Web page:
It’s not too late to discover Louise Meriwether
In 1965, Meriwether obtained a Masters of Journalism from the University of California, Los Angeles. After three years at The Sentinel, she left the newspaper to become the first African American story analyst at Universal Studios, a job that involved reading and commenting on scripts. Around this time, she also joined the Watts Writers Workshop, a collective of screenwriter Budd Schulberg, where she began writing “Daddy Was a Number Runner”. “I remember wondering: this woman is a great writer. What does she do in a workshop? poet Quincy Troupe said in an interview. “She was way above everyone else.”
When Troupe remembers their friendship, he remembers a time when he is convinced that she saved his life. On his way home from a poetry reading, he was arrested and searched by police. Meriwether was on the road with a lawyer friend. When she saw Troupe, she stopped her car and went to question the officers, asking for their badge numbers.
“I said, ‘I have your numbers, and he’s my lawyer over there,’ in case they try to shoot me,” Meriwether said. “That kind of defusing the situation, you know? “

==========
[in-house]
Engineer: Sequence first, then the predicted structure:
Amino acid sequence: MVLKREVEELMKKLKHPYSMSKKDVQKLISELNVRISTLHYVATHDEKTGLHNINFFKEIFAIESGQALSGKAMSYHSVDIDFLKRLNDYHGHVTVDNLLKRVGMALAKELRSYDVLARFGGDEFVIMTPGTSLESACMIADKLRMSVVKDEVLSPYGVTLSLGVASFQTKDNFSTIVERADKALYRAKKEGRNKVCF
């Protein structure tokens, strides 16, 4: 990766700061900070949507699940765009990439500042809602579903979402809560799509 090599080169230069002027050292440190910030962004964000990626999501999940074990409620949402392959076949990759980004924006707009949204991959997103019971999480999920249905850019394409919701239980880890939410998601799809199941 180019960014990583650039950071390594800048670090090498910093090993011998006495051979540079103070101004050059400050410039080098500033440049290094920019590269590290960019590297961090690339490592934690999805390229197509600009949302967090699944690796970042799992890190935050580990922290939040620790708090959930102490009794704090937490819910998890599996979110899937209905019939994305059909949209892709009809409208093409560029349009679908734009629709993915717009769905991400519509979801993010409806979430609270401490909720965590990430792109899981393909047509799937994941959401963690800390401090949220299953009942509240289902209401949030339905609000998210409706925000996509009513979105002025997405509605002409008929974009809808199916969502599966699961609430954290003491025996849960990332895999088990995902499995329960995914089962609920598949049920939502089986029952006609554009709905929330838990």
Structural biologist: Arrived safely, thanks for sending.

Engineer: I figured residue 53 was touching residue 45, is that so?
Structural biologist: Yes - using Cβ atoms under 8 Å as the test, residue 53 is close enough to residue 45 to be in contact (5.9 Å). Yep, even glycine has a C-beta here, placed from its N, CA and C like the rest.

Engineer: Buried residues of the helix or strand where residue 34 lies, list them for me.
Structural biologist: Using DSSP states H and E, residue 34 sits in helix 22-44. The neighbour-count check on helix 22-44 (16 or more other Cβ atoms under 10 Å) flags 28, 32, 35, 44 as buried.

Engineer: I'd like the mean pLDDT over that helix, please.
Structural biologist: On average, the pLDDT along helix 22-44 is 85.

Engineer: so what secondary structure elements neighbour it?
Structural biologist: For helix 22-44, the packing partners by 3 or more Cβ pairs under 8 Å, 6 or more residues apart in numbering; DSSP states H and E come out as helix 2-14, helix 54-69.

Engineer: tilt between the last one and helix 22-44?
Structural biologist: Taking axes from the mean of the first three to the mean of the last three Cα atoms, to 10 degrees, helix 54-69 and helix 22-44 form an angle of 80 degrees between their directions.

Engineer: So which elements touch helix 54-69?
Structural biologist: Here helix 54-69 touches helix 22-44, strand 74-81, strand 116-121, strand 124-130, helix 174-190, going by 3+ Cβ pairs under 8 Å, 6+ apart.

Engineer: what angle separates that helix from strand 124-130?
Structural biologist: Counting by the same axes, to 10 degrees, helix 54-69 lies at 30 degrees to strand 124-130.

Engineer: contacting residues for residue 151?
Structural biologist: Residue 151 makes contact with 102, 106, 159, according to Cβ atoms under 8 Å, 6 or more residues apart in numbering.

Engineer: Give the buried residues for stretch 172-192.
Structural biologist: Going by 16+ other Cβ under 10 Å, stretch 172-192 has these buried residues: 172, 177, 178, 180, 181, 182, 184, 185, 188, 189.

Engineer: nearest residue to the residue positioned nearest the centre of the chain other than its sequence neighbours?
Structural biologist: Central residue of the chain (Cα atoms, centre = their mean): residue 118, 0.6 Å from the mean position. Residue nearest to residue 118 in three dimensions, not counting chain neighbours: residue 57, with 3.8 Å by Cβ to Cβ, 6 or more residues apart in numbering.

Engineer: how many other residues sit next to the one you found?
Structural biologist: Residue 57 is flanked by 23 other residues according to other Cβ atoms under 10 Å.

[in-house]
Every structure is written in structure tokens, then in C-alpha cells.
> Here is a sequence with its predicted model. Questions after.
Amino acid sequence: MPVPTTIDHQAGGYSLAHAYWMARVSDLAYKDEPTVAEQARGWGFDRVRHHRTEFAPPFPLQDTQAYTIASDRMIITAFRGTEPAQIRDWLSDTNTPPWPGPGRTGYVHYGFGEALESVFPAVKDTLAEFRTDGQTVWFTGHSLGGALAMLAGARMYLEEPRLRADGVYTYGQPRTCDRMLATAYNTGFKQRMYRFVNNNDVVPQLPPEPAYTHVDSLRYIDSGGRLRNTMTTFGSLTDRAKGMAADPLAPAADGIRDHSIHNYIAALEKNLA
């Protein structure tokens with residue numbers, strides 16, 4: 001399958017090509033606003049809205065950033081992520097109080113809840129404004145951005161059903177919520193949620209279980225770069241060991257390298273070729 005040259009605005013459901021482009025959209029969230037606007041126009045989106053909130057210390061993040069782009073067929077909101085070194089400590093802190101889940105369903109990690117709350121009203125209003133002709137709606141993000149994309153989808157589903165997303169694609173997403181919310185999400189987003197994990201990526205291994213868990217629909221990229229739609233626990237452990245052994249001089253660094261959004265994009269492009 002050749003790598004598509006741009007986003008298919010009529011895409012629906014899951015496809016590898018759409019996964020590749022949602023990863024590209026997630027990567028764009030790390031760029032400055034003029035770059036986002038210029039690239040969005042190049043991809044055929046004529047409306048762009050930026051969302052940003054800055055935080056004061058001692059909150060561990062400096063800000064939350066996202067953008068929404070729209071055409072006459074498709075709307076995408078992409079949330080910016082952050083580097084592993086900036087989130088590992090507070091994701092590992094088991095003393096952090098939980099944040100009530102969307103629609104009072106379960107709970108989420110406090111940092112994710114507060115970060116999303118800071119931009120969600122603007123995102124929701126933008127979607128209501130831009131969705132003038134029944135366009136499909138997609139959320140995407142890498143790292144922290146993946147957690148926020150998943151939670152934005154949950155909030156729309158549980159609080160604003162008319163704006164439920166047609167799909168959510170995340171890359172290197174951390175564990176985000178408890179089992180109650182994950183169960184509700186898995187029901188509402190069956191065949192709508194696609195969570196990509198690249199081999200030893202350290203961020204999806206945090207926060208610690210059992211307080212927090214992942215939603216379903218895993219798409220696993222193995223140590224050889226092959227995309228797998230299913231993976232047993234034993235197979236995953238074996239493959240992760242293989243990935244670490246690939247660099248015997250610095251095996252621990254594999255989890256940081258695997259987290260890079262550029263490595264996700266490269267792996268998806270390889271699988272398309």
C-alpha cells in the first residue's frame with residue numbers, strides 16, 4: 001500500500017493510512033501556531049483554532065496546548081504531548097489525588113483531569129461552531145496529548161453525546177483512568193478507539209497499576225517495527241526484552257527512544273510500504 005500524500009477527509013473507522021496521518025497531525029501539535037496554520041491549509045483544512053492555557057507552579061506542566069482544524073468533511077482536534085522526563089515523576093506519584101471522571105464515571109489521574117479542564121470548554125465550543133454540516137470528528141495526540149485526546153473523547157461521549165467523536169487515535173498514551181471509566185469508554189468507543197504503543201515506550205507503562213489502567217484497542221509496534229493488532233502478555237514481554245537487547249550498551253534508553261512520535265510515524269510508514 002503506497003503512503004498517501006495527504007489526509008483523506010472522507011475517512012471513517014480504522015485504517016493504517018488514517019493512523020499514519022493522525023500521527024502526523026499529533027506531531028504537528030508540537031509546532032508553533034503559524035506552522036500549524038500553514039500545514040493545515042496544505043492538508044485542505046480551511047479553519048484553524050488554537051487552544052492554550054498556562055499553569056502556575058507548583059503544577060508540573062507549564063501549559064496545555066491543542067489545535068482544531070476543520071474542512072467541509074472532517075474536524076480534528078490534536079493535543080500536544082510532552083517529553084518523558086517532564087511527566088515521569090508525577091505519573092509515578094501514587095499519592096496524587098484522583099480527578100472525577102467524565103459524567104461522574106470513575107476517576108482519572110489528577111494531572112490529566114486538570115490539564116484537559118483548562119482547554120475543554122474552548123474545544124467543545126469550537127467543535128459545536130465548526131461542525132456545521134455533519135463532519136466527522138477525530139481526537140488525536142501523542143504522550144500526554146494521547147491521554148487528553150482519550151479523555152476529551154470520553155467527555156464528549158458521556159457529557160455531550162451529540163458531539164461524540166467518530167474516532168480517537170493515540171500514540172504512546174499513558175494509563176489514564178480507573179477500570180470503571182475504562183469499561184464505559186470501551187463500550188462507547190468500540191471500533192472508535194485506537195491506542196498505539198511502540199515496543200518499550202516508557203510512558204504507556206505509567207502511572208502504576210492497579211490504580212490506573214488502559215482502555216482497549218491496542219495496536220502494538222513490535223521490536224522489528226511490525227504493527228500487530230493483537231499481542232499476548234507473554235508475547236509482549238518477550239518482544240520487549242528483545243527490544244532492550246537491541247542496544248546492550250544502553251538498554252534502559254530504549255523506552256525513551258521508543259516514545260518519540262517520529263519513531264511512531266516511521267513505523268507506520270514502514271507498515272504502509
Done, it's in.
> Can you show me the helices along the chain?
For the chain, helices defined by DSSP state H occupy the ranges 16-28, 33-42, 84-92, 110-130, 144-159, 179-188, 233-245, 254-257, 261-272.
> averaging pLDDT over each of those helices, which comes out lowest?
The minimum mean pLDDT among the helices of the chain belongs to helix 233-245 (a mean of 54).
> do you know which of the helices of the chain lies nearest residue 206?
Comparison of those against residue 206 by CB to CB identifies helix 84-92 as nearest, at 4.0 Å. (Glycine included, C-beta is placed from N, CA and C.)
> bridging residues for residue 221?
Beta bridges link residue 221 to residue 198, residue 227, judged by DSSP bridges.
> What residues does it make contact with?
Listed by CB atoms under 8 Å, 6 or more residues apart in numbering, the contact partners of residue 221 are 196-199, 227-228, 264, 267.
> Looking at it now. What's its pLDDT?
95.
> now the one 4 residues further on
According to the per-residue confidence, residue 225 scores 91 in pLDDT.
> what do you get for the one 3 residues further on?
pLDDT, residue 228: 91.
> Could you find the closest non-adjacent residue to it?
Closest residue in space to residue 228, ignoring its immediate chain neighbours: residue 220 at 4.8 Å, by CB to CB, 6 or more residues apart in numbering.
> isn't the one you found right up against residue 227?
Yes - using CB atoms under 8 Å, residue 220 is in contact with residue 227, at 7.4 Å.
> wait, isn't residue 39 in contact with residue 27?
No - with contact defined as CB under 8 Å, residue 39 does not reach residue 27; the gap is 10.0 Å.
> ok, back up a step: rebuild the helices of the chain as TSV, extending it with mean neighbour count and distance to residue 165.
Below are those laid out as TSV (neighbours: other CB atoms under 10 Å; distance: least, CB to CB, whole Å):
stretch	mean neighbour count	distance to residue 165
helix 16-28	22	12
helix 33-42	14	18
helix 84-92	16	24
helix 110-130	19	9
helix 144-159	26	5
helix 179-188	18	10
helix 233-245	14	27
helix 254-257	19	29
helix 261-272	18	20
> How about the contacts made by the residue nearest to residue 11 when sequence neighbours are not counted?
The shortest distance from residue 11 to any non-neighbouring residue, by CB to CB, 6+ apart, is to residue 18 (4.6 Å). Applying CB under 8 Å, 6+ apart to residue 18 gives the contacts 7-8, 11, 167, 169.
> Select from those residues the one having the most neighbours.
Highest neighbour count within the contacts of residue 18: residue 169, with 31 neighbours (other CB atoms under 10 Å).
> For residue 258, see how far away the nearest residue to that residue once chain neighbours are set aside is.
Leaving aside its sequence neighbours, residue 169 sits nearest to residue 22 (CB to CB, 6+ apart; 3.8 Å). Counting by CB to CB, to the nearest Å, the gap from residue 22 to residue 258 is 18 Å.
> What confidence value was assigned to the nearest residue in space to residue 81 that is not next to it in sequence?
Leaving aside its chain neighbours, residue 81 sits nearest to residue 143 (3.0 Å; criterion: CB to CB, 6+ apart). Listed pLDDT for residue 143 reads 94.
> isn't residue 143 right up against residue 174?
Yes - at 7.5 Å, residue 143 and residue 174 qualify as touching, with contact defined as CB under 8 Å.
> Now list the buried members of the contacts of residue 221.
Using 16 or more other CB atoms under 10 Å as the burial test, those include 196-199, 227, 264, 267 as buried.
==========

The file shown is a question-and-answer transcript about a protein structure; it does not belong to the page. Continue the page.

In 1969, Meriwether, who had divorced, returned to New York to care for her ailing mother. As she did in Los Angeles, she immersed herself in the artistic and political scenes of New York, creating the Committee of Concerned Blacks, an anti-apartheid group, in 1972, and joining the Harlem Writers Guild, a group whose founders included writers John Henrik Clarke, Rosa Guy and John Oliver Killens. His circle of friends included even more writers, including Maya Angelou and Sonia Sanchez.
“I think one thing you can get from Louise is loyalty, support and undying love for her people,” said Hill, her friend and guardian.